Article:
Ken says that attitudes to work-life balance are improving. It’s now considered healthy and even essential to take vacation, and to take care of yourself. For Ken, being physically and mentally fit go hand in hand. He works out every day, picking up some sports to keep things fun. You only live once! 

Episode Highlights

Assuming the best of your team

“I come in with a perspective that everyone in my team is good unless they prove me otherwise. Especially when working with a team you’ve inherited, you’ll gain a lot of credibility if you give them a chance to succeed instead of assuming they’re not up to the task. I’m very loyal, and I defend and support my team. One of my jobs has always been to push for higher compensation for them.” 

Paying attention to the nitty-gritty finance details

“You don't appreciate finance until it's not working. When it’s not working, you find out that it’s a pretty important function, and there are a number of things you can’t afford to get wrong: your regulatory obligations, your internal controls, your overview of cybersecurity, your relationship with your external auditors. And in today’s world, you need to be ahead of the game on ESG and DEI.”

How to work with activist investors

“There is no perfect playbook with activists. First of all, listen to them. They often come with very good ideas, some of which are not necessarily implementable, but they’re good to listen to. Be respectful, give them an ear, listen to them. Then I would bring on outside advisors to help you work with the activist investors in a collegial way, because ultimately, most of them are aligned to improve the company financially.”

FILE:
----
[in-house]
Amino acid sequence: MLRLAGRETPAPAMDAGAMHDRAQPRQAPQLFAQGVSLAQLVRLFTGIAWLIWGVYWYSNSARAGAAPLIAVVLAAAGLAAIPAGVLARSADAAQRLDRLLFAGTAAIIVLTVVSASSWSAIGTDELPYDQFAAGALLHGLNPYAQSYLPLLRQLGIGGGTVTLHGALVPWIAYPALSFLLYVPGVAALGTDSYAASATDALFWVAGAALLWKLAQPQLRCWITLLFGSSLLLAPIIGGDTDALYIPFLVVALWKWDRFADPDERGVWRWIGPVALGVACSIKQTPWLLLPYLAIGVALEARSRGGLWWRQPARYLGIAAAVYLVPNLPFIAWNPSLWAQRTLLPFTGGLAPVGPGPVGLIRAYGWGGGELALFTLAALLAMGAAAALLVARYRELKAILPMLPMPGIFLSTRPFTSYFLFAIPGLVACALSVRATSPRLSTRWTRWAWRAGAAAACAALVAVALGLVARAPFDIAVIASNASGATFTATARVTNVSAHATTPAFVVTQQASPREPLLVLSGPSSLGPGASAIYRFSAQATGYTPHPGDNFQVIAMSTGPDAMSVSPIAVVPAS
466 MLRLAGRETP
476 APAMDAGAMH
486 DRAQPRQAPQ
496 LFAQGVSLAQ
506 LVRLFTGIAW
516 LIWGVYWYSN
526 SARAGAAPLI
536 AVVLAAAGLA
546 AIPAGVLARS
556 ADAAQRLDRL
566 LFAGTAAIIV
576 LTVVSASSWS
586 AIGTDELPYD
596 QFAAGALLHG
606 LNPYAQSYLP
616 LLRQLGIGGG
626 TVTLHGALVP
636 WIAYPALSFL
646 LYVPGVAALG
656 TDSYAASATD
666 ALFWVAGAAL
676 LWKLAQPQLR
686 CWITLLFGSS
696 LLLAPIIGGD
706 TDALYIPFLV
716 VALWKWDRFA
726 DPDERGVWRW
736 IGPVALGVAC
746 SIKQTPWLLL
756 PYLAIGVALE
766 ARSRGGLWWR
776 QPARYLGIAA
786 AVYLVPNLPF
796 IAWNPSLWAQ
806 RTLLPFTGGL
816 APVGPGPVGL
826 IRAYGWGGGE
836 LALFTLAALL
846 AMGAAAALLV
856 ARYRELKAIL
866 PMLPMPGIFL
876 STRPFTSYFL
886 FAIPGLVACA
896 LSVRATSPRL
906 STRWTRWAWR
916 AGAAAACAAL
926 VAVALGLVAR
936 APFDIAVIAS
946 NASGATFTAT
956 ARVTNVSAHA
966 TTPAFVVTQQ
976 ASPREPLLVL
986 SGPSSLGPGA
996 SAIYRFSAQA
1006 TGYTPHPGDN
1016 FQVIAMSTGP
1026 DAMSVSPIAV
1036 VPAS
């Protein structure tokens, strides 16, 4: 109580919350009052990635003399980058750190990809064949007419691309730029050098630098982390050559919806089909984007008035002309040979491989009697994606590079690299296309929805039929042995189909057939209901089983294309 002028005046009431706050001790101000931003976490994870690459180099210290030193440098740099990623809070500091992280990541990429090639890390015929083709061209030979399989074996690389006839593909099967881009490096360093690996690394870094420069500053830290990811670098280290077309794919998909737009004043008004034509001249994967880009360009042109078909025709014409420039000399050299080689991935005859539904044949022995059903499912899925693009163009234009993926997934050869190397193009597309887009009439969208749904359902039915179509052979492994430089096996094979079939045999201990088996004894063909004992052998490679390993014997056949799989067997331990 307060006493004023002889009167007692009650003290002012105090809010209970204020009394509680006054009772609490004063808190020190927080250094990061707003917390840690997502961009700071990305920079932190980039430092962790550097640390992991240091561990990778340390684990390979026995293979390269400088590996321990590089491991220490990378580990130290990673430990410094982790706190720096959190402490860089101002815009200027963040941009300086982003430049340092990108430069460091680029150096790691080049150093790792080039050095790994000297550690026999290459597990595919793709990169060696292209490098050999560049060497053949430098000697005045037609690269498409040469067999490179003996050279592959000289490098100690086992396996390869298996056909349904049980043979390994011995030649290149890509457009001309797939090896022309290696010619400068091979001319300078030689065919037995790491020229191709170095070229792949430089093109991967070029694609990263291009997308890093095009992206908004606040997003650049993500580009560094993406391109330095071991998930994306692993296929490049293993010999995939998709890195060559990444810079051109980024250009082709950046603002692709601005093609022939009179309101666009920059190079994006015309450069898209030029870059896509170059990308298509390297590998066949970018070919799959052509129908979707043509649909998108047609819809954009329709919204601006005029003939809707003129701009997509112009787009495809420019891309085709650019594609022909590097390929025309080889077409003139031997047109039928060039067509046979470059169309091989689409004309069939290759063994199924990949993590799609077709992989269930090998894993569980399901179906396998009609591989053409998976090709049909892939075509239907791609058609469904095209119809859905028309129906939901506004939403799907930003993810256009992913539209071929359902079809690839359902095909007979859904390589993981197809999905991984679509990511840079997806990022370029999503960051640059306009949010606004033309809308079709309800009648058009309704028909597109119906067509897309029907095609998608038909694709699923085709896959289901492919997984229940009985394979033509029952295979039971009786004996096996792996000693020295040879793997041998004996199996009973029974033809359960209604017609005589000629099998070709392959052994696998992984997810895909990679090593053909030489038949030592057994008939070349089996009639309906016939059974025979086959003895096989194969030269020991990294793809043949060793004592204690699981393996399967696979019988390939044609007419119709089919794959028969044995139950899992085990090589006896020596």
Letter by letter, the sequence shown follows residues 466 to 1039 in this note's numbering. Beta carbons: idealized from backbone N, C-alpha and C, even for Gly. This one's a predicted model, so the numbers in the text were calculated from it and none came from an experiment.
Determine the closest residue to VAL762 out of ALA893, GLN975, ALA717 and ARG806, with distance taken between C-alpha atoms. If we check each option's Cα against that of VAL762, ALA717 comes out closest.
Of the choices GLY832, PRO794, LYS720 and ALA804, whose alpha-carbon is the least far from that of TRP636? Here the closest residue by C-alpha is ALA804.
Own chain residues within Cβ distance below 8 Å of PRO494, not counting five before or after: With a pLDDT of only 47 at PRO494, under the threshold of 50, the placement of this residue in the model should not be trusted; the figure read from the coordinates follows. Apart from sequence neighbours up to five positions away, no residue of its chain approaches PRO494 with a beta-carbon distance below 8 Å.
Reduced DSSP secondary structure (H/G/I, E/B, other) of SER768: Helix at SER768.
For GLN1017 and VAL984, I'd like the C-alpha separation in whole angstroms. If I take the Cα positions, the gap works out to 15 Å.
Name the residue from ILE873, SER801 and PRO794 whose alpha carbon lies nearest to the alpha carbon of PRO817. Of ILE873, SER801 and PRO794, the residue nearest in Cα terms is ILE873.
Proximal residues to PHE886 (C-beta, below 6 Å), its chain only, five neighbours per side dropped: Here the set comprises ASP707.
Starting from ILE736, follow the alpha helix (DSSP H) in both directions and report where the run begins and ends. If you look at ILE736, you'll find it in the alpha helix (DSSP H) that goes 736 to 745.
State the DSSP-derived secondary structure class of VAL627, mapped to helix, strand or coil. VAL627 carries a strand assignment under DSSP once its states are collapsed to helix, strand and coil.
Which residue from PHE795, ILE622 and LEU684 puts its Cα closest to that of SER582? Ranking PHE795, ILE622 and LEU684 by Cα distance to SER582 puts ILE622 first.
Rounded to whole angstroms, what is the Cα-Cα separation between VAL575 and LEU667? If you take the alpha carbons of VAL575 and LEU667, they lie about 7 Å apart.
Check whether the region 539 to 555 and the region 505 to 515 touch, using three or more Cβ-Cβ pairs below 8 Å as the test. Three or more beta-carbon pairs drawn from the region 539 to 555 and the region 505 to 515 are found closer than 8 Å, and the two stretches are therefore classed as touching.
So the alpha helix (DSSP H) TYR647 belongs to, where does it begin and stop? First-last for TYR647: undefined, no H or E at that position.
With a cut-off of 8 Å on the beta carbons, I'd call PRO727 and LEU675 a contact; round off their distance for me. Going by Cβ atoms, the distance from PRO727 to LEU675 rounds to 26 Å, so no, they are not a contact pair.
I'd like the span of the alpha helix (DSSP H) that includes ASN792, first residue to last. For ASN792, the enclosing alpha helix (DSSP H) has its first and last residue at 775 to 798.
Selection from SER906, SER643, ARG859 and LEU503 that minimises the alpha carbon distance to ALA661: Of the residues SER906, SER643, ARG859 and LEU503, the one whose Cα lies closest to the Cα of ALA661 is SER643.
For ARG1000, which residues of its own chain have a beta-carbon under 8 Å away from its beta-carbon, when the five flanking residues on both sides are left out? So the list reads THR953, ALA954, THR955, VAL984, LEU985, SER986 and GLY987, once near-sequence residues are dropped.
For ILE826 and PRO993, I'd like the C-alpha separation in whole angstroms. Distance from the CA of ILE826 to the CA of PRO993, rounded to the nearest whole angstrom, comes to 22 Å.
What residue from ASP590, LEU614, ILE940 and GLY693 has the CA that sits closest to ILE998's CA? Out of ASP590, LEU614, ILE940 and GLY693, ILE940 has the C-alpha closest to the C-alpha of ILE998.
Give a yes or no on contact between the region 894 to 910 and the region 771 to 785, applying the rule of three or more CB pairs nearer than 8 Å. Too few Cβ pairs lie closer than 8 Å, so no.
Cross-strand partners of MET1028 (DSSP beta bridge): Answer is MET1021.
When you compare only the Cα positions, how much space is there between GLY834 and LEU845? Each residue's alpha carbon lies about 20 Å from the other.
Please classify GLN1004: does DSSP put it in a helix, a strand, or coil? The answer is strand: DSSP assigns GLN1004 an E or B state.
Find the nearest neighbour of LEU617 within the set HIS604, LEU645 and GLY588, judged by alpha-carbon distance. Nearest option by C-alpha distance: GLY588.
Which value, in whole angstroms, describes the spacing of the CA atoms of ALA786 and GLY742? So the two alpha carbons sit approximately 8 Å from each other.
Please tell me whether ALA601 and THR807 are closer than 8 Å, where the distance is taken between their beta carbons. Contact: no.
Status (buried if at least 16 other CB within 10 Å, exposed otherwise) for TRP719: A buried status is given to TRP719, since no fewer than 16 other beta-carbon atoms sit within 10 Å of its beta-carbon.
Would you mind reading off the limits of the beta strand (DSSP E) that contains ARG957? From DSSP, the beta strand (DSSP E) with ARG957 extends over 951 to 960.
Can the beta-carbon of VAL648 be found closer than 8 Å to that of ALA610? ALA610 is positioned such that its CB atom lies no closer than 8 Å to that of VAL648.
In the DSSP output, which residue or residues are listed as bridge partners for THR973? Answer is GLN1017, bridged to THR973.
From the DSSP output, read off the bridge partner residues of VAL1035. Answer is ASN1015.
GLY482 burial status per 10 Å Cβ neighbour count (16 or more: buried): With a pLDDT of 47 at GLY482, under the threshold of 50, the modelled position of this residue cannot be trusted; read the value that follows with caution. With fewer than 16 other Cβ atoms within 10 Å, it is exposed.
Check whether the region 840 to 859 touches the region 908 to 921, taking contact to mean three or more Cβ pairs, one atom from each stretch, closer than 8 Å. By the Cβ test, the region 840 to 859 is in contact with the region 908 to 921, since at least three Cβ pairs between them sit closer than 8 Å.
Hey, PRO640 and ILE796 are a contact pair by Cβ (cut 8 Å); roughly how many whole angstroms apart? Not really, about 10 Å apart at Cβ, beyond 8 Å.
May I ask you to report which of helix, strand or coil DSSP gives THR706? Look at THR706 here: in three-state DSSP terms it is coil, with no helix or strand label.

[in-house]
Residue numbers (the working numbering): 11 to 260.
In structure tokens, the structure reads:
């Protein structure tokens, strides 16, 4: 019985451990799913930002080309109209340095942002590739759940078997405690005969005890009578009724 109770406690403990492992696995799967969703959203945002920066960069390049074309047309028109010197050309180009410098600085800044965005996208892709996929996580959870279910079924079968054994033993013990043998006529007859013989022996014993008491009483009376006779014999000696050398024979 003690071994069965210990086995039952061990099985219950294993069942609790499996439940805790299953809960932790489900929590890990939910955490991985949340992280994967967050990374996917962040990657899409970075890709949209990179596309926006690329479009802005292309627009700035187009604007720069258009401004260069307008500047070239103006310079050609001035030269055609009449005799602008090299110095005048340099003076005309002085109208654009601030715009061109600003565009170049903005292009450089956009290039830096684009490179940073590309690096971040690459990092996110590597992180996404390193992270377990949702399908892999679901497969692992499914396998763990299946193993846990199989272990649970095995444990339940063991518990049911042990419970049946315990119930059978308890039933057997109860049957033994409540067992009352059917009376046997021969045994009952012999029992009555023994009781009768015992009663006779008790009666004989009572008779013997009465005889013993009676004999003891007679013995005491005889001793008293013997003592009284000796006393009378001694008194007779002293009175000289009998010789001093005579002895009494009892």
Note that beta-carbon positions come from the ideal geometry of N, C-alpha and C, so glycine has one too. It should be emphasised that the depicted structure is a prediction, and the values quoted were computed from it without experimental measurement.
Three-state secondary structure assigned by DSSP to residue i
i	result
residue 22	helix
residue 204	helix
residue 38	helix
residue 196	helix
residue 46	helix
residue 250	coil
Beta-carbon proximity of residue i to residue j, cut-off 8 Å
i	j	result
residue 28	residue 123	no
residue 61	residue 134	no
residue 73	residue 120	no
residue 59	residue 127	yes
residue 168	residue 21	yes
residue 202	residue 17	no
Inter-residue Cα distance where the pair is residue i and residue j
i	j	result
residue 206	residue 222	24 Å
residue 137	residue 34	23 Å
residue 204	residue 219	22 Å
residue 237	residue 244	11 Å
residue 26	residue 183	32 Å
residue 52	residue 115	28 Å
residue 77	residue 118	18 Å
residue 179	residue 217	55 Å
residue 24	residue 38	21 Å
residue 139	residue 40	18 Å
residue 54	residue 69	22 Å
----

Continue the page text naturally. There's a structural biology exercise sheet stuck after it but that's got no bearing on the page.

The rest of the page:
Finding the balance when advising the CEO

“The CEO is a lonely role. Many people go to the CEO and just tell them what they want to hear. But a CFO has a job to do, which is to be independent and objective and give advice. A CFO has to be very careful, because if you have a different opinion to your CEO in a board meeting, you certainly don't want to just pipe up, because that might be perceived as adversarial. However you’re also the one in the CEO’s group of direct reports that is expected to provide advice and counsel.”

Why you should care about earning the respect of the whole team

“If the people in the engineering department or the marketing department don’t like working with you, they’ll go to the CEO and tell them you’re not working with them, and the CEO will look at that very closely to see if you’re the right person. You don’t have to agree with them about everything: but if you don’t have a rapport with the functional or divisional teams in your organization, it will have a major influence on your ability to succeed with the CEO and the board.” 

Top quotes:

“Simple things like payroll just have to work. You have to pay your bills, you have to do the collections. Cash flow is really important. I see a lot of lazy cash management in companies. Hiring the right people goes a long way to making sure you get all of these things right.”

“All senior jobs require the ability to manage people. You don't learn that by books, you learn that by trial and error, and you find things that work for your style. Getting a job early in my career which involved managing people as well as all the major functions of finance was important.” 

“I feel like my CFO role helped my boards and my boards helped my CFO role: there was a virtuous cycle.”

“There's a huge imbalance today between supply and demand of CFOs. And frankly, for all those listening, it is a great role to go into. The demand for CFOs is insatiable.”